A guy walked into the arena wearing a Boston College jersey. Hey, why not? They're not playing this weekend. The bad part was that he had the jersey tucked into his blue jeans. Get with it man.


Colgate: Without question, the Raiders hopes for an NCAA Tournament berth took a major hit with Friday's loss. But, with several results from around the nation yet to be determined, Colgate still has a chance to pick up a quality win in the consolation. "We don't know what will happen with the selection committee or the bids, or an NCAA berth. We only know that tomorrow we need to be prepared and ready to play. If we win that game, we'll make it difficult for people to make a decision not to select us," Colgate interim head coach Stan Moore said.

Dartmouth: The loss was disappointing, and the result was disappointing, but the Big Green has been to Albany for four consecutive years. Consistency is hard to come by in the ECAC, with so much turnover in the standings from year-to-year. Senior defenseman and captain Brian Van Abel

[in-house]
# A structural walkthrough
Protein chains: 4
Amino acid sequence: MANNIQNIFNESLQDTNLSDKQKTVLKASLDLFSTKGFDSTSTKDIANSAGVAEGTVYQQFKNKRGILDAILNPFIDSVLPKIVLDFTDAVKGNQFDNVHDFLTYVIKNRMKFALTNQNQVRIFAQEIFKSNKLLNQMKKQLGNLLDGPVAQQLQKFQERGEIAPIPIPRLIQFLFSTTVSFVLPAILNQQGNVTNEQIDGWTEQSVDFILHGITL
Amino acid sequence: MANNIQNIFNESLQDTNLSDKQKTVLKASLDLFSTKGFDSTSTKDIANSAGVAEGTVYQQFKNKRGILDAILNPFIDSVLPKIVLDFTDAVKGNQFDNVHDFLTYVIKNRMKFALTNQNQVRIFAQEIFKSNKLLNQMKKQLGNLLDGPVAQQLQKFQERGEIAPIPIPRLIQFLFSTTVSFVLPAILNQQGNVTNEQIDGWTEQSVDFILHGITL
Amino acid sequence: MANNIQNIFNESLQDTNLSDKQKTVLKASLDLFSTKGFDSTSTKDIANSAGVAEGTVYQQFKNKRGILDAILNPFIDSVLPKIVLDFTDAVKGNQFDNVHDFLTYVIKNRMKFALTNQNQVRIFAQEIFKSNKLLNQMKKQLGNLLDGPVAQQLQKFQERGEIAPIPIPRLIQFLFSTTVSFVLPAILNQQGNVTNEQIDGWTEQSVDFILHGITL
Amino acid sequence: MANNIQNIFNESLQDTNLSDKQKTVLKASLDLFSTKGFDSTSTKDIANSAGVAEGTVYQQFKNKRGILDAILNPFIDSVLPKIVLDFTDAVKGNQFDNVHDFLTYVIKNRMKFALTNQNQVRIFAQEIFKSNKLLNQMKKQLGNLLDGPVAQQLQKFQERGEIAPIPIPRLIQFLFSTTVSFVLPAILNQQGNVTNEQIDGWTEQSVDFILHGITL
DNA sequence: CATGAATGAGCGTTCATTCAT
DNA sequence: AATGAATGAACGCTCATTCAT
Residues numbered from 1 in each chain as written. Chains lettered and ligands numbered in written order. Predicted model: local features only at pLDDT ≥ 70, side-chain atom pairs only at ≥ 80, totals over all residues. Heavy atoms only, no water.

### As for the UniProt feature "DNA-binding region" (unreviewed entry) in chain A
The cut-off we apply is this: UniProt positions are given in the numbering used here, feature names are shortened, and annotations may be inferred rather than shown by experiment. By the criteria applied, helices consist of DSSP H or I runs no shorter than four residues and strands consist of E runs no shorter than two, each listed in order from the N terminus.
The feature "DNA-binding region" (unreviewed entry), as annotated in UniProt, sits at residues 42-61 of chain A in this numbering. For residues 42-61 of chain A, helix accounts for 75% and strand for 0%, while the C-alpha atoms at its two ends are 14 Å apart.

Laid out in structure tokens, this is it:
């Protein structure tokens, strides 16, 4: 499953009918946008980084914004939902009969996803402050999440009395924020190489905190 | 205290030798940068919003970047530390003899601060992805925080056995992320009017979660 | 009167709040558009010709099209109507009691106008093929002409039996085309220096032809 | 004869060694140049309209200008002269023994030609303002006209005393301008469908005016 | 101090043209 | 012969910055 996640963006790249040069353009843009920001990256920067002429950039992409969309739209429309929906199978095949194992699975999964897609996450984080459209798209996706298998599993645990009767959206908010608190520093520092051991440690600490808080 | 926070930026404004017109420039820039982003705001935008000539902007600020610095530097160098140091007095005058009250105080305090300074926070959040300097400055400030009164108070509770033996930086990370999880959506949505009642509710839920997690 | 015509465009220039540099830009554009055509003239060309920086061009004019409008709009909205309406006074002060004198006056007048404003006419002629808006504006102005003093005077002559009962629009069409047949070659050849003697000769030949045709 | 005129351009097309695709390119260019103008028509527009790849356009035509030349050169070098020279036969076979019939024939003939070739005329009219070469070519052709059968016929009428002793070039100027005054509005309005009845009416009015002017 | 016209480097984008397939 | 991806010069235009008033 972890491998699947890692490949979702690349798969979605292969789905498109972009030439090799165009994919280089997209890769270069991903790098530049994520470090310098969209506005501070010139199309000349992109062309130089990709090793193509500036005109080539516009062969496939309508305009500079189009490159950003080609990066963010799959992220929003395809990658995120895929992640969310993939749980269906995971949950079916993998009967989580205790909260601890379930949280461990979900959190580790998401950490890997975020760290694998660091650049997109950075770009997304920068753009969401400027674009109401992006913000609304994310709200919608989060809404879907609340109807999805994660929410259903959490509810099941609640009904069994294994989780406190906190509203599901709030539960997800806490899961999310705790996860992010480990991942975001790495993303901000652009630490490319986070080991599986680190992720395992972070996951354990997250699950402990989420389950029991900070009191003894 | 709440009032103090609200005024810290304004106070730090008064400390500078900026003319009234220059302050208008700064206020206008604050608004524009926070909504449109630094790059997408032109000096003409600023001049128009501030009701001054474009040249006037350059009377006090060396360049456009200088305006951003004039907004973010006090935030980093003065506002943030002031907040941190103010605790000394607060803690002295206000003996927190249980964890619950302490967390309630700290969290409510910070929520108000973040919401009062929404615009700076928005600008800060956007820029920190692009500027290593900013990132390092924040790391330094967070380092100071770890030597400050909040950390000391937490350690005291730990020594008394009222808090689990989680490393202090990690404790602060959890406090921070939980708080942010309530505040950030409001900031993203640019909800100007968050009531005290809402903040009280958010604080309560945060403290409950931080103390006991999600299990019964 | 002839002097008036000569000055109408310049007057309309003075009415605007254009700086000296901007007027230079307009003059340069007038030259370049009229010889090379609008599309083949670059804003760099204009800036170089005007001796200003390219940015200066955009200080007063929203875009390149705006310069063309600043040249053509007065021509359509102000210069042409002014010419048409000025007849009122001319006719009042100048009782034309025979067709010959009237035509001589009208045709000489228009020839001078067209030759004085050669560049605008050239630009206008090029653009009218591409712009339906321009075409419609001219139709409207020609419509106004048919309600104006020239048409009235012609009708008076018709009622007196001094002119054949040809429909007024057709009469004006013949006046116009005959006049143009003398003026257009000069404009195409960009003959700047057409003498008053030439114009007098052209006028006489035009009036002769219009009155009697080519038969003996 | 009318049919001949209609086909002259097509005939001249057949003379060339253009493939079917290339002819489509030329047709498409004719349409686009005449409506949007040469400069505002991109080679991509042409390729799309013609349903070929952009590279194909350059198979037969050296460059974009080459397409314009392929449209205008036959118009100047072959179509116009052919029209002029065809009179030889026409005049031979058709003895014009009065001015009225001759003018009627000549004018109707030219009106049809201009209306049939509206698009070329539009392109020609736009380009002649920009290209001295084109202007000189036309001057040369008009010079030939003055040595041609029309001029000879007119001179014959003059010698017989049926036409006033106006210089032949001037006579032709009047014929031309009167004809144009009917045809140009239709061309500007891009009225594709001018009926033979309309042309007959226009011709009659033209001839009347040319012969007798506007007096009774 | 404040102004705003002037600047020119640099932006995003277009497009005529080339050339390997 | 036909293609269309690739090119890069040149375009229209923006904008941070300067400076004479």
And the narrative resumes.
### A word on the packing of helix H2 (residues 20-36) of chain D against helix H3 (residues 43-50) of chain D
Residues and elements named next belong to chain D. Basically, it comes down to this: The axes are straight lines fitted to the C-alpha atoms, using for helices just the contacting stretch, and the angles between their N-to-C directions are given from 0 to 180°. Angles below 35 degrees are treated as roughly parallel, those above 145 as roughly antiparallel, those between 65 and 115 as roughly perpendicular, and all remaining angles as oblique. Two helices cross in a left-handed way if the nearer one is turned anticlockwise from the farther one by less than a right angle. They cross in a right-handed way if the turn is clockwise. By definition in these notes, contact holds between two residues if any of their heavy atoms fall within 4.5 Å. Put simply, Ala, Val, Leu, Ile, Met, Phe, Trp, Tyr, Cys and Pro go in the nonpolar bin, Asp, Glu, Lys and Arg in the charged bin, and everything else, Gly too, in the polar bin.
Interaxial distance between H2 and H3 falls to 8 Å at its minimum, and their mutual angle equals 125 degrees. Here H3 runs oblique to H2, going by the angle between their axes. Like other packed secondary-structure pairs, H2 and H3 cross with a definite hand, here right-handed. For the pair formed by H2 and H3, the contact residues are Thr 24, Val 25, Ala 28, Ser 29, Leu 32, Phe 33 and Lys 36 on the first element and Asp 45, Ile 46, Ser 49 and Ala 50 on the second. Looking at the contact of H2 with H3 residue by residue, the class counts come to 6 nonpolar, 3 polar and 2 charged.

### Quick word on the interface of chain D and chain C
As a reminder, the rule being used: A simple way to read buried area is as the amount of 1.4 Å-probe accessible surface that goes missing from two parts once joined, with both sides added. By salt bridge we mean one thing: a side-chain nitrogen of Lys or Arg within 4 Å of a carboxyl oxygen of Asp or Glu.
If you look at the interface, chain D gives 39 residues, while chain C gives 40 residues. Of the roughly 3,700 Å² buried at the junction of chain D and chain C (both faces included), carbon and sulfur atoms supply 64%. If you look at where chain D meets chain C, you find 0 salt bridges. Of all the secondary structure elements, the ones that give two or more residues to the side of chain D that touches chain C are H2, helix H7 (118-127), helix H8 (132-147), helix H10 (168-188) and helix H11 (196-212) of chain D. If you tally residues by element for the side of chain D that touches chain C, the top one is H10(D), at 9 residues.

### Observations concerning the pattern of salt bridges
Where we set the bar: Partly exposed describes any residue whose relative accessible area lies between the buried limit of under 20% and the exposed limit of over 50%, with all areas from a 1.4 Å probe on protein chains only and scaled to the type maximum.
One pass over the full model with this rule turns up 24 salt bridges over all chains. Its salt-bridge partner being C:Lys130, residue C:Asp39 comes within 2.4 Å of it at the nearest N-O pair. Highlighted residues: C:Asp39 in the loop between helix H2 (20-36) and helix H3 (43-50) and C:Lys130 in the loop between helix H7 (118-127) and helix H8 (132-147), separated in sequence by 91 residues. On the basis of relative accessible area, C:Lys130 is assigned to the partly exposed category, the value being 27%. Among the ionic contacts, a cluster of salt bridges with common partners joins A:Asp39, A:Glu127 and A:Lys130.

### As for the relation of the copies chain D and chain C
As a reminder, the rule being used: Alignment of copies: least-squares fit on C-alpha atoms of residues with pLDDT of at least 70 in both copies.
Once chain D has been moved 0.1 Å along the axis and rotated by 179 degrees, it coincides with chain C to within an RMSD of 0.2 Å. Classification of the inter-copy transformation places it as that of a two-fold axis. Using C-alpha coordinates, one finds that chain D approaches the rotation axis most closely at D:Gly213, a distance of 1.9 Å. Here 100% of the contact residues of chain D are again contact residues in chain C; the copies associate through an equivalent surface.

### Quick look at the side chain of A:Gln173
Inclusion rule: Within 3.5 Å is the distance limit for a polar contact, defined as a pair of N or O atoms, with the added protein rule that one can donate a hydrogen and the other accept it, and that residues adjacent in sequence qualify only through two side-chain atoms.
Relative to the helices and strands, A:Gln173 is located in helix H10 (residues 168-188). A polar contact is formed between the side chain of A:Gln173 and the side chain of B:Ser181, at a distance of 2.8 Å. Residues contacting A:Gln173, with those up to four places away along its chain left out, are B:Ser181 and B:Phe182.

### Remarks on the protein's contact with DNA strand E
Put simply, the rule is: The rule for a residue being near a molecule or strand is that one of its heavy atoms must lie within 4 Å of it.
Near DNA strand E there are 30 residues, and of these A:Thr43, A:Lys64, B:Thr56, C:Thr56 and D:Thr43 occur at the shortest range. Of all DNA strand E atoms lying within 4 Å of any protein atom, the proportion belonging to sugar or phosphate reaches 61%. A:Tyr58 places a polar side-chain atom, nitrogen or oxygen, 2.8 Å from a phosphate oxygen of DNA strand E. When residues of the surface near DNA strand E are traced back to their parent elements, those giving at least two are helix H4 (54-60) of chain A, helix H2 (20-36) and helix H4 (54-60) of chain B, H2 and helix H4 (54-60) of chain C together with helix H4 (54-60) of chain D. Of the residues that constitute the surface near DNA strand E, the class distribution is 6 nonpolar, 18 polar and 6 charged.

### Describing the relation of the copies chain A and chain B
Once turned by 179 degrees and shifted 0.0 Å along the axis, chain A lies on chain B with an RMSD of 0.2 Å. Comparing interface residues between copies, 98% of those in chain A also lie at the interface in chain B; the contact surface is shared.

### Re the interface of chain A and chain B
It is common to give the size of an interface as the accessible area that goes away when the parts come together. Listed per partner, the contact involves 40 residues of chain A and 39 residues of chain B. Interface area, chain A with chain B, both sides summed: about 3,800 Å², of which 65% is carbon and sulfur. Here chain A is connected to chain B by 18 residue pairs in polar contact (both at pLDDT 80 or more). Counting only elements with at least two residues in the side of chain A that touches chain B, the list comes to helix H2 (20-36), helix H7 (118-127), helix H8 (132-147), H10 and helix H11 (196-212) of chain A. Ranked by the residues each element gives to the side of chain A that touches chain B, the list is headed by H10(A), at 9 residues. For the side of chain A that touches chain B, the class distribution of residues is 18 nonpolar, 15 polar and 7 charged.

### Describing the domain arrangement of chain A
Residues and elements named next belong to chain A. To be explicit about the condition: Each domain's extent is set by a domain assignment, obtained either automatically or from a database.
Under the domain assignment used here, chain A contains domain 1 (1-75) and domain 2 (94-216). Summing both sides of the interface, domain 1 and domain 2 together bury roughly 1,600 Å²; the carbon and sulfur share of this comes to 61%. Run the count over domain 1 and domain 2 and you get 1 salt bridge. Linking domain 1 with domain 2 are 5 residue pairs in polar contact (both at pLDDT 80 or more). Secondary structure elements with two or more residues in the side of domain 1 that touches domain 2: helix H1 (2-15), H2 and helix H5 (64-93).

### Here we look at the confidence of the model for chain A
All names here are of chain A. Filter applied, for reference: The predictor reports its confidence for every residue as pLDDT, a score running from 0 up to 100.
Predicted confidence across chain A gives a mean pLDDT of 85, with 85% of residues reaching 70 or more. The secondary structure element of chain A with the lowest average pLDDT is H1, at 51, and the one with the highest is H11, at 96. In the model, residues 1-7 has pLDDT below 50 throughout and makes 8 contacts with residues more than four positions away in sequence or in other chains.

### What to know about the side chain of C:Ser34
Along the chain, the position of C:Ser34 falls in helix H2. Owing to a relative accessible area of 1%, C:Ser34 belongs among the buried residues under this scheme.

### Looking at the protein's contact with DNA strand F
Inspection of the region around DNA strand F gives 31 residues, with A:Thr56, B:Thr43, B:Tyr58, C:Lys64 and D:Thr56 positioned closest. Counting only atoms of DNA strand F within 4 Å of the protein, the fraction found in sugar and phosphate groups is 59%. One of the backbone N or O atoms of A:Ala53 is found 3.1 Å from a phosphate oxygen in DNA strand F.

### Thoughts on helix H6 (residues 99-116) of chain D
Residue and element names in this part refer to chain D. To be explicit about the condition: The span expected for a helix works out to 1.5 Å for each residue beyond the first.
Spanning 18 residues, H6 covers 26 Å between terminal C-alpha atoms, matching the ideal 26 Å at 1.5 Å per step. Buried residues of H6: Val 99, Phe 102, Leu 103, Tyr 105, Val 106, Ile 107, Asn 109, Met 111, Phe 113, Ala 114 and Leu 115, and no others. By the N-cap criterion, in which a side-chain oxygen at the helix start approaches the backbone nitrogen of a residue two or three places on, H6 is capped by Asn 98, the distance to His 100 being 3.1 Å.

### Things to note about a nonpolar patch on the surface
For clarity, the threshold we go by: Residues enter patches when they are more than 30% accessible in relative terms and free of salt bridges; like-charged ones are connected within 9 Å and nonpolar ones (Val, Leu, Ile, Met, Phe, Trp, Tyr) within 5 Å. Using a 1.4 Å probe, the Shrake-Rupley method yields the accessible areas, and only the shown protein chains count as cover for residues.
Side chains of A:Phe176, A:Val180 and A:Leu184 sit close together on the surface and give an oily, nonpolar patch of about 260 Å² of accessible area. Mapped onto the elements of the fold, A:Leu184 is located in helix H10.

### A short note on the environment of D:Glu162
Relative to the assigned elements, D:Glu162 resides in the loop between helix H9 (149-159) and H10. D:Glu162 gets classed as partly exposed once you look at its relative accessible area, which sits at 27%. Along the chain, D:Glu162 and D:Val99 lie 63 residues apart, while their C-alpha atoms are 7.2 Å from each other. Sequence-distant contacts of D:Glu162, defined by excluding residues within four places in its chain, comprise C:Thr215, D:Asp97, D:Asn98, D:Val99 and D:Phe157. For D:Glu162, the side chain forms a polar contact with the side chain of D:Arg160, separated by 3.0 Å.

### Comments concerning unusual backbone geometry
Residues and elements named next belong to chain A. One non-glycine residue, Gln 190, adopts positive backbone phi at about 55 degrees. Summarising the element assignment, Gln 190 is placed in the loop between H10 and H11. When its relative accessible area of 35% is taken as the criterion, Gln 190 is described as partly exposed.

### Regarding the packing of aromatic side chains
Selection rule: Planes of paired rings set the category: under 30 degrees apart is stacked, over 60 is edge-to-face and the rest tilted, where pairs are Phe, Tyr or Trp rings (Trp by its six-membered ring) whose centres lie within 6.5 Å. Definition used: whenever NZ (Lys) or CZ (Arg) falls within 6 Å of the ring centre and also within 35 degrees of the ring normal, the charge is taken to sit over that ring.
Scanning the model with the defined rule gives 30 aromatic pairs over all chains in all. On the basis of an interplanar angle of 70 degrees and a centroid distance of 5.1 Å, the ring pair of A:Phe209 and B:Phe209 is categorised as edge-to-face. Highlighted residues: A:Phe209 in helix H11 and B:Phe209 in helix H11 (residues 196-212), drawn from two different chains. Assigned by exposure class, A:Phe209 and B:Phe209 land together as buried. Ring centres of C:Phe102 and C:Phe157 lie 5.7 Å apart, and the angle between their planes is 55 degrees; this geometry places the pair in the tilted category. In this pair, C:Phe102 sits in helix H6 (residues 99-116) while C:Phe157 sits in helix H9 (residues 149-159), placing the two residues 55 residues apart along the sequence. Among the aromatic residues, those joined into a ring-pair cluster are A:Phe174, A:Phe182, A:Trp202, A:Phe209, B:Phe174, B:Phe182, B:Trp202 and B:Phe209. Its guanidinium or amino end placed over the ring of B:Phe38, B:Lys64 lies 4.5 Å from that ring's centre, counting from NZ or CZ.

Clarkson: These Golden Knights have already taken a huge step by helping to put all of the negative publicity surrounding the program from last year a thing of the past. One more win brings the Clarkson program from perhaps its lowest point in its existence to a high perch atop the ECAC.

Harvard: This is where the Crimson were expected to be, playing in the ECAC Championship. We didn't think they would need this win to get into the NCAA Tournament, however. Experience is on the side of the men from Cambridge, but as we found out again on Friday, anything can happen in the ECAC.